ING divests real estate arm
ING has divested itself of most of its real estate arm ING REIM, with US property giant CB Richard Ellis acquiring the majority, as the firm continues to shed its non-banking businesses following bailout by the Dutch government during the financial crisis.
In a deal worth an estimated $1bn, ING sold four real estate investment management businesses on 15 February 2011.
Frontrunner in the speculation running up to the sale, CB Richard Ellis, bought three of the four real estate businesses.
ING REIM Europe, ING REIM Asia and Clarion Real Estate Securities (CRES), its US manager of listed real estate securities, sold for $940m in cash.
Additionally, the US manager purchased part of ING’s equity interests in funds managed by the businesses for approximately $100m.
The Dutch bank said it will continue to hold equity interest in some REIM funds in Europe, Asia, the US and Australia, although it plans to cut its stake.
“The equity stakes held by the Bank will be monetised over time as it continues to steadily reduce its exposure to real estate,” it confirmed in a statement.
CB Richard Ellis also becomes the new fund manager of assets held by ING Insurance.
ING REIM’s fourth business, US private market real estate investment manager Clarion Partners, went to Clarion management in partnership with US private equity group Lightyear Capital LLC for $100m.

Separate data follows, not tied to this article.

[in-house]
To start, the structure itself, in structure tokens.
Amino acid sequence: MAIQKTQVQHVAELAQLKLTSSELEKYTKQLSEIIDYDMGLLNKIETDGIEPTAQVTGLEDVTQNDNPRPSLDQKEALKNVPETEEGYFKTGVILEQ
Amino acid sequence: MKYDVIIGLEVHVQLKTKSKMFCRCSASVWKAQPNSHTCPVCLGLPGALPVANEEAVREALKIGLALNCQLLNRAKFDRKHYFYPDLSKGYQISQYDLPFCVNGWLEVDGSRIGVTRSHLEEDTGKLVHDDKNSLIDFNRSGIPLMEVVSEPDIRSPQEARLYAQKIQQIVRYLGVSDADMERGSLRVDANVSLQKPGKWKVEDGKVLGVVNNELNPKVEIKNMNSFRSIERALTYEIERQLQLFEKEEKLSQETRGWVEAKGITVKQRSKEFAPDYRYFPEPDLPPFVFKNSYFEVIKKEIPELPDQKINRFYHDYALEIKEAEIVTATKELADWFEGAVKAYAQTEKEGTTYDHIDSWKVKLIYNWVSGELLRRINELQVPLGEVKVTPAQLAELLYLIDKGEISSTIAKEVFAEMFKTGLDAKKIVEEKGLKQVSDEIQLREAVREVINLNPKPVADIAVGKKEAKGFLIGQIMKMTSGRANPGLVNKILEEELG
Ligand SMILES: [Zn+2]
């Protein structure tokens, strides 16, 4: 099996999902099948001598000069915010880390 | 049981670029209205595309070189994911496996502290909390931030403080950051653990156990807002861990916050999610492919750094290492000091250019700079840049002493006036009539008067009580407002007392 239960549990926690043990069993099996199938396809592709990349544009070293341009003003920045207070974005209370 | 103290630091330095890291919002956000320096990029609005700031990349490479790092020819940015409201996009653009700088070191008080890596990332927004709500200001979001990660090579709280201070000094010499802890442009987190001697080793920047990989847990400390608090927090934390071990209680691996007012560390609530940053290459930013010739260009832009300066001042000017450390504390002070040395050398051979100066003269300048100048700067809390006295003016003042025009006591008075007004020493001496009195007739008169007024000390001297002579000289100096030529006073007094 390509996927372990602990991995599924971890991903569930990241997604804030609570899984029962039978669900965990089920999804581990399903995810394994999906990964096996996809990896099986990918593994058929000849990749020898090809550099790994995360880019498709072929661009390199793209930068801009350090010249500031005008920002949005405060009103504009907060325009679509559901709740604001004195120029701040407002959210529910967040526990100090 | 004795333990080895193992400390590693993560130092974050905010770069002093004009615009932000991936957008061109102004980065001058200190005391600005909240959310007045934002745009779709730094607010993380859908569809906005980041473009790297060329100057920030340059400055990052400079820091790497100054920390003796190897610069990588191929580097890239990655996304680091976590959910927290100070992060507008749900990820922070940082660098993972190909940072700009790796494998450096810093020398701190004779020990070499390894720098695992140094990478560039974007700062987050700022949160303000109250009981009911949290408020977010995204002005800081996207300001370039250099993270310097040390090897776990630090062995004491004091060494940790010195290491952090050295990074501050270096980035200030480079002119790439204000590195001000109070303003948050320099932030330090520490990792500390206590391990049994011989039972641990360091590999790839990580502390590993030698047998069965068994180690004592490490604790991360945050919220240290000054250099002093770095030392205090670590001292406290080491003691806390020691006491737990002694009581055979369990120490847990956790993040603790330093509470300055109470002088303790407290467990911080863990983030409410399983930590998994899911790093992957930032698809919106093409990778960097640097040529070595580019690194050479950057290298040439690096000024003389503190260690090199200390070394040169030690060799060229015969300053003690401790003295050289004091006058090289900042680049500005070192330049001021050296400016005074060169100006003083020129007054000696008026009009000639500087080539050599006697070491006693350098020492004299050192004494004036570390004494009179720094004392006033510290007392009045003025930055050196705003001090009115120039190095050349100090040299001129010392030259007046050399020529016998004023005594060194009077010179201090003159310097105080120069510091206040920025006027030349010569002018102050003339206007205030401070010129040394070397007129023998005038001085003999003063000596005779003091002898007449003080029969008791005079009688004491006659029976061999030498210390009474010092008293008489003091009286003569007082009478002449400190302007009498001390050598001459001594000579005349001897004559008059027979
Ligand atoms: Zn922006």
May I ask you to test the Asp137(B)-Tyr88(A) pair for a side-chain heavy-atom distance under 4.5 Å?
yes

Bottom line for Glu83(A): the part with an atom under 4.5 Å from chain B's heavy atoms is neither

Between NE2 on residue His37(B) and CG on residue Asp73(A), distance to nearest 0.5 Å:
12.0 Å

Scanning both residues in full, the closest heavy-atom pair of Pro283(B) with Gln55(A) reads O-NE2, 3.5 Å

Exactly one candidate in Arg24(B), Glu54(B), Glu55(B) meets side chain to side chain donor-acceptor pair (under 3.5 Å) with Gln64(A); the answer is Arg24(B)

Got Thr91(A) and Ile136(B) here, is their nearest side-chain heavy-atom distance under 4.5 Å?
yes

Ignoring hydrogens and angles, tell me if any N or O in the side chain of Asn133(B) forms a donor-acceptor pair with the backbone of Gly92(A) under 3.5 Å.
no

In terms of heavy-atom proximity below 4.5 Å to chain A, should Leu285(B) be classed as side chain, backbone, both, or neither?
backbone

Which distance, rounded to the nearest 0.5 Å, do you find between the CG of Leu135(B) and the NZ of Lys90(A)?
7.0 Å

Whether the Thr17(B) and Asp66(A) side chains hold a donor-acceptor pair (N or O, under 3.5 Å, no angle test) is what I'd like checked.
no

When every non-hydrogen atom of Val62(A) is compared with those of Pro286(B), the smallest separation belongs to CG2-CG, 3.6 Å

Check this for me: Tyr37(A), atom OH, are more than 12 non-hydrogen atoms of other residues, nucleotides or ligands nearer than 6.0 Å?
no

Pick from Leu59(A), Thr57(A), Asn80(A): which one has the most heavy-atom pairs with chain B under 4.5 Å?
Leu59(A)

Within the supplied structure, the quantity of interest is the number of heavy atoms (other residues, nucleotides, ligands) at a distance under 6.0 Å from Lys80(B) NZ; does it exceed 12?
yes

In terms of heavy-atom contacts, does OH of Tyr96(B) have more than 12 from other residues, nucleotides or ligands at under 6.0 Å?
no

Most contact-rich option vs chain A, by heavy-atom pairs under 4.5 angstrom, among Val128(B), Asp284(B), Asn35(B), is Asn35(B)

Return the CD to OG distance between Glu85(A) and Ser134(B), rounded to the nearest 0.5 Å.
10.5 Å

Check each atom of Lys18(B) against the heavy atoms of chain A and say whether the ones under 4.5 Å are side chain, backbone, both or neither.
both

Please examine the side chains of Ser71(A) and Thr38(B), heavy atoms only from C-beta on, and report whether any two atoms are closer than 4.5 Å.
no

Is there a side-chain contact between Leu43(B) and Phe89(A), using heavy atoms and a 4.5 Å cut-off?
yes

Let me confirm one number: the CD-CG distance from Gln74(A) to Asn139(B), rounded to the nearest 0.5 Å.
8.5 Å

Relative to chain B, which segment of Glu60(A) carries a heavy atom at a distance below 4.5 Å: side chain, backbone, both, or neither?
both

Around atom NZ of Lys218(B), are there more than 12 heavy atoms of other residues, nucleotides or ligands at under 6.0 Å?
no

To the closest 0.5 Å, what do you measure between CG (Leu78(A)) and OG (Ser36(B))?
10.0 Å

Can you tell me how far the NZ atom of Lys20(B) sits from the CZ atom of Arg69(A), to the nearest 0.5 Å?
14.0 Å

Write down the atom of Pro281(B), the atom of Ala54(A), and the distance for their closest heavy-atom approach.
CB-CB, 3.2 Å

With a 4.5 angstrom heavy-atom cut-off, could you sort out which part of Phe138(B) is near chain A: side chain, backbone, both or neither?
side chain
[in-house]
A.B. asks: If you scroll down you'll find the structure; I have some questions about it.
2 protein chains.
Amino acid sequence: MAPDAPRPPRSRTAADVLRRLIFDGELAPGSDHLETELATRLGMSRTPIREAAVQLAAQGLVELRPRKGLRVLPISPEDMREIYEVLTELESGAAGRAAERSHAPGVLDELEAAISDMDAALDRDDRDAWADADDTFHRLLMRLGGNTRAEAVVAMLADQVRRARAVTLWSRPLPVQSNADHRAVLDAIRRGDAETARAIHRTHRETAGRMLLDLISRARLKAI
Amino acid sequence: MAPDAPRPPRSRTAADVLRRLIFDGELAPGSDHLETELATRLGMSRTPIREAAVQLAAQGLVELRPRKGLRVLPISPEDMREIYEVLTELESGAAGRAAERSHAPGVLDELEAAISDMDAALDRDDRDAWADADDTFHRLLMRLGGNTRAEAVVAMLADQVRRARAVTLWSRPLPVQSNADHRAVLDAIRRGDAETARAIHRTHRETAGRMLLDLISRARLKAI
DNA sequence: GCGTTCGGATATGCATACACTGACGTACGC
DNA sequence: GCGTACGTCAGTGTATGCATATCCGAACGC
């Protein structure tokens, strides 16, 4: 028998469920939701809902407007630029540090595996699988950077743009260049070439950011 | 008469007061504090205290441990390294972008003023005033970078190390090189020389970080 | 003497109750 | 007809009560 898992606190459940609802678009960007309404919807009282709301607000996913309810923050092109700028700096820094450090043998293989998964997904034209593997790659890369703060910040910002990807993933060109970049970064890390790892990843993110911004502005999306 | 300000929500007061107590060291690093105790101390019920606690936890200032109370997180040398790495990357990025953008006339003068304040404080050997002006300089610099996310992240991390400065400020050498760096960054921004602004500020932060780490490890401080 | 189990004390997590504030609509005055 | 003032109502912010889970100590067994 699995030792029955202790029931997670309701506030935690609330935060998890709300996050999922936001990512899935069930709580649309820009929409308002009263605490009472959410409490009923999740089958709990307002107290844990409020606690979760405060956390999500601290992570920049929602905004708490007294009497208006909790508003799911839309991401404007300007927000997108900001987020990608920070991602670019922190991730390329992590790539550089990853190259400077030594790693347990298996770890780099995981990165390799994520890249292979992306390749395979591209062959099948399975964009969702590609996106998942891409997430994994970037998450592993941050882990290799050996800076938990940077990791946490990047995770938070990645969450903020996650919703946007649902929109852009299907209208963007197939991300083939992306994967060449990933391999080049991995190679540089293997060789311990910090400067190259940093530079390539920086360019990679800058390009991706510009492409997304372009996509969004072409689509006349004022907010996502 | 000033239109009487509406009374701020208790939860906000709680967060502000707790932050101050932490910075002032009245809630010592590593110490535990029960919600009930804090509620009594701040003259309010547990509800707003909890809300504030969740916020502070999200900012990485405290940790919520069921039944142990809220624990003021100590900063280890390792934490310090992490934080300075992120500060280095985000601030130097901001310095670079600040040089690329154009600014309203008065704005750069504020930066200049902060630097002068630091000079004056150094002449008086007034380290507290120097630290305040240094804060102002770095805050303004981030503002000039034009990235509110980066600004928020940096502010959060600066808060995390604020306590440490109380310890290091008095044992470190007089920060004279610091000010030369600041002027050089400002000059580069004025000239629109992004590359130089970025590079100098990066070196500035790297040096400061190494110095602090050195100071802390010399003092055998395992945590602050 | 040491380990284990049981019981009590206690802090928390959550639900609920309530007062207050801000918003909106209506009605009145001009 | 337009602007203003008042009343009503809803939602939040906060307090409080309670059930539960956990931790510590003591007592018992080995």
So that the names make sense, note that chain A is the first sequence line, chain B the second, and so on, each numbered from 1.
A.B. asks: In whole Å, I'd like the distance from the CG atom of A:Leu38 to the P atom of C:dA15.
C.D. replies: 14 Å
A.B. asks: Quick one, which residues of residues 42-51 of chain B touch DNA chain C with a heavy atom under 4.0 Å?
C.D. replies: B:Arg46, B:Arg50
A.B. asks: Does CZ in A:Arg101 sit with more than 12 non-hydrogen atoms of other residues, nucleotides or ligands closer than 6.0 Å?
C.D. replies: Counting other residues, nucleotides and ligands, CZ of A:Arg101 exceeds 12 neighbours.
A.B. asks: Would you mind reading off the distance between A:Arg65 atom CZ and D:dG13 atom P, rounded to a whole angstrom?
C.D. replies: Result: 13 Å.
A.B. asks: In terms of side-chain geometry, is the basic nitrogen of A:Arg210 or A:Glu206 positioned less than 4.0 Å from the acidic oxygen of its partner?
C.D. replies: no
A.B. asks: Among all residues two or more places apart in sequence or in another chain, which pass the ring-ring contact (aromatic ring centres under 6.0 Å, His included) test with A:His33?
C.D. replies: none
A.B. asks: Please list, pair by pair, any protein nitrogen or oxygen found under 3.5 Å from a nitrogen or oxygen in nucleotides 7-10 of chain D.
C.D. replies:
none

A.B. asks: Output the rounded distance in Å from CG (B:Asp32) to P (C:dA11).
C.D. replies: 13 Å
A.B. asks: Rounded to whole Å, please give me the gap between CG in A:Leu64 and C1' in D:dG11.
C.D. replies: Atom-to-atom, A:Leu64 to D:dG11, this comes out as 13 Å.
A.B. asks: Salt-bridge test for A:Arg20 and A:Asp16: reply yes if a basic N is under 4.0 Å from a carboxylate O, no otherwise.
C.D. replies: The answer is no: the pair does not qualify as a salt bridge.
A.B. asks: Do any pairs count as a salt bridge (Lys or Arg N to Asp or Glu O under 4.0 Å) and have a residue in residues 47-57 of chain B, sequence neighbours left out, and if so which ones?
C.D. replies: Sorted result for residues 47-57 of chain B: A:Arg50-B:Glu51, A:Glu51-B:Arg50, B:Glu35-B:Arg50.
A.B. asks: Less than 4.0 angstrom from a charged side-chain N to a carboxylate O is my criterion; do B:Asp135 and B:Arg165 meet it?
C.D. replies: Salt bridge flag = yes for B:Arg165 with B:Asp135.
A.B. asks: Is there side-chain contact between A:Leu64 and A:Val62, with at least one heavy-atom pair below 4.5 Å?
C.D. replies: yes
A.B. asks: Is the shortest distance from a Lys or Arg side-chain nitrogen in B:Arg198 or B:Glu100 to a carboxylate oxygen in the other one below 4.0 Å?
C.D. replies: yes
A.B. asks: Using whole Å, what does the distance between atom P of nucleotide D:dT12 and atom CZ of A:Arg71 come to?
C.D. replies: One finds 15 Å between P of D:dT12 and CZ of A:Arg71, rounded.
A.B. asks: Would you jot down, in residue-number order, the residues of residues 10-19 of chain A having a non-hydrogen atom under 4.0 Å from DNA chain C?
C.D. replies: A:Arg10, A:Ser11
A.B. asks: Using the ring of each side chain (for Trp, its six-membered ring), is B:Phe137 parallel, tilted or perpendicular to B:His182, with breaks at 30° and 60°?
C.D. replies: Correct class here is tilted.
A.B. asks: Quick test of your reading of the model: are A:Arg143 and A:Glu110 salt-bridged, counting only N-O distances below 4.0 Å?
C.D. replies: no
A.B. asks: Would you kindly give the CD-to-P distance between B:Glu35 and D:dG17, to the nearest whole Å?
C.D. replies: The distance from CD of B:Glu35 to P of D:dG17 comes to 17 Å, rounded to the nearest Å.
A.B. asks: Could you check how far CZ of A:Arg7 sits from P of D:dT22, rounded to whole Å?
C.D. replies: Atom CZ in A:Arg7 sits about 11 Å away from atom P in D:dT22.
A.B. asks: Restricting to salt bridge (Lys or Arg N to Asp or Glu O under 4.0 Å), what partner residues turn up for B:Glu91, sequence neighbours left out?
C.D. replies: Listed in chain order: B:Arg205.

The two separate sales make up part of an overall planned “divorce” between ING’s banking business on the one side and its insurance and asset management unit on the other, said Dirk Adriaenssens, general manager of retail and private banking at the financial group’s Luxembourg private bank.
In 2010, the European Commission told ING it needed to reduce its balance sheet, he said.
The bank hopes to disentangle its insurance and asset management businesses by the end of 2012 or 2013, he added.
ING earlier stated its intention to sell REIM, in an attempt to help the group pay back the Dutch government after being bailed out during the financial crisis.
The group owes the Dutch government a remaining €5bn, half of its €10bn bailout. It expects to raise approximately €500m after tax from the two latest sales.
ING maintains its Australian real estate investment management arm, although it also plans to relinquish that business.
“ING will undertake a phased withdrawal from its Australian real estate investment management activities in a timely and controlled manner,” it said in a statement.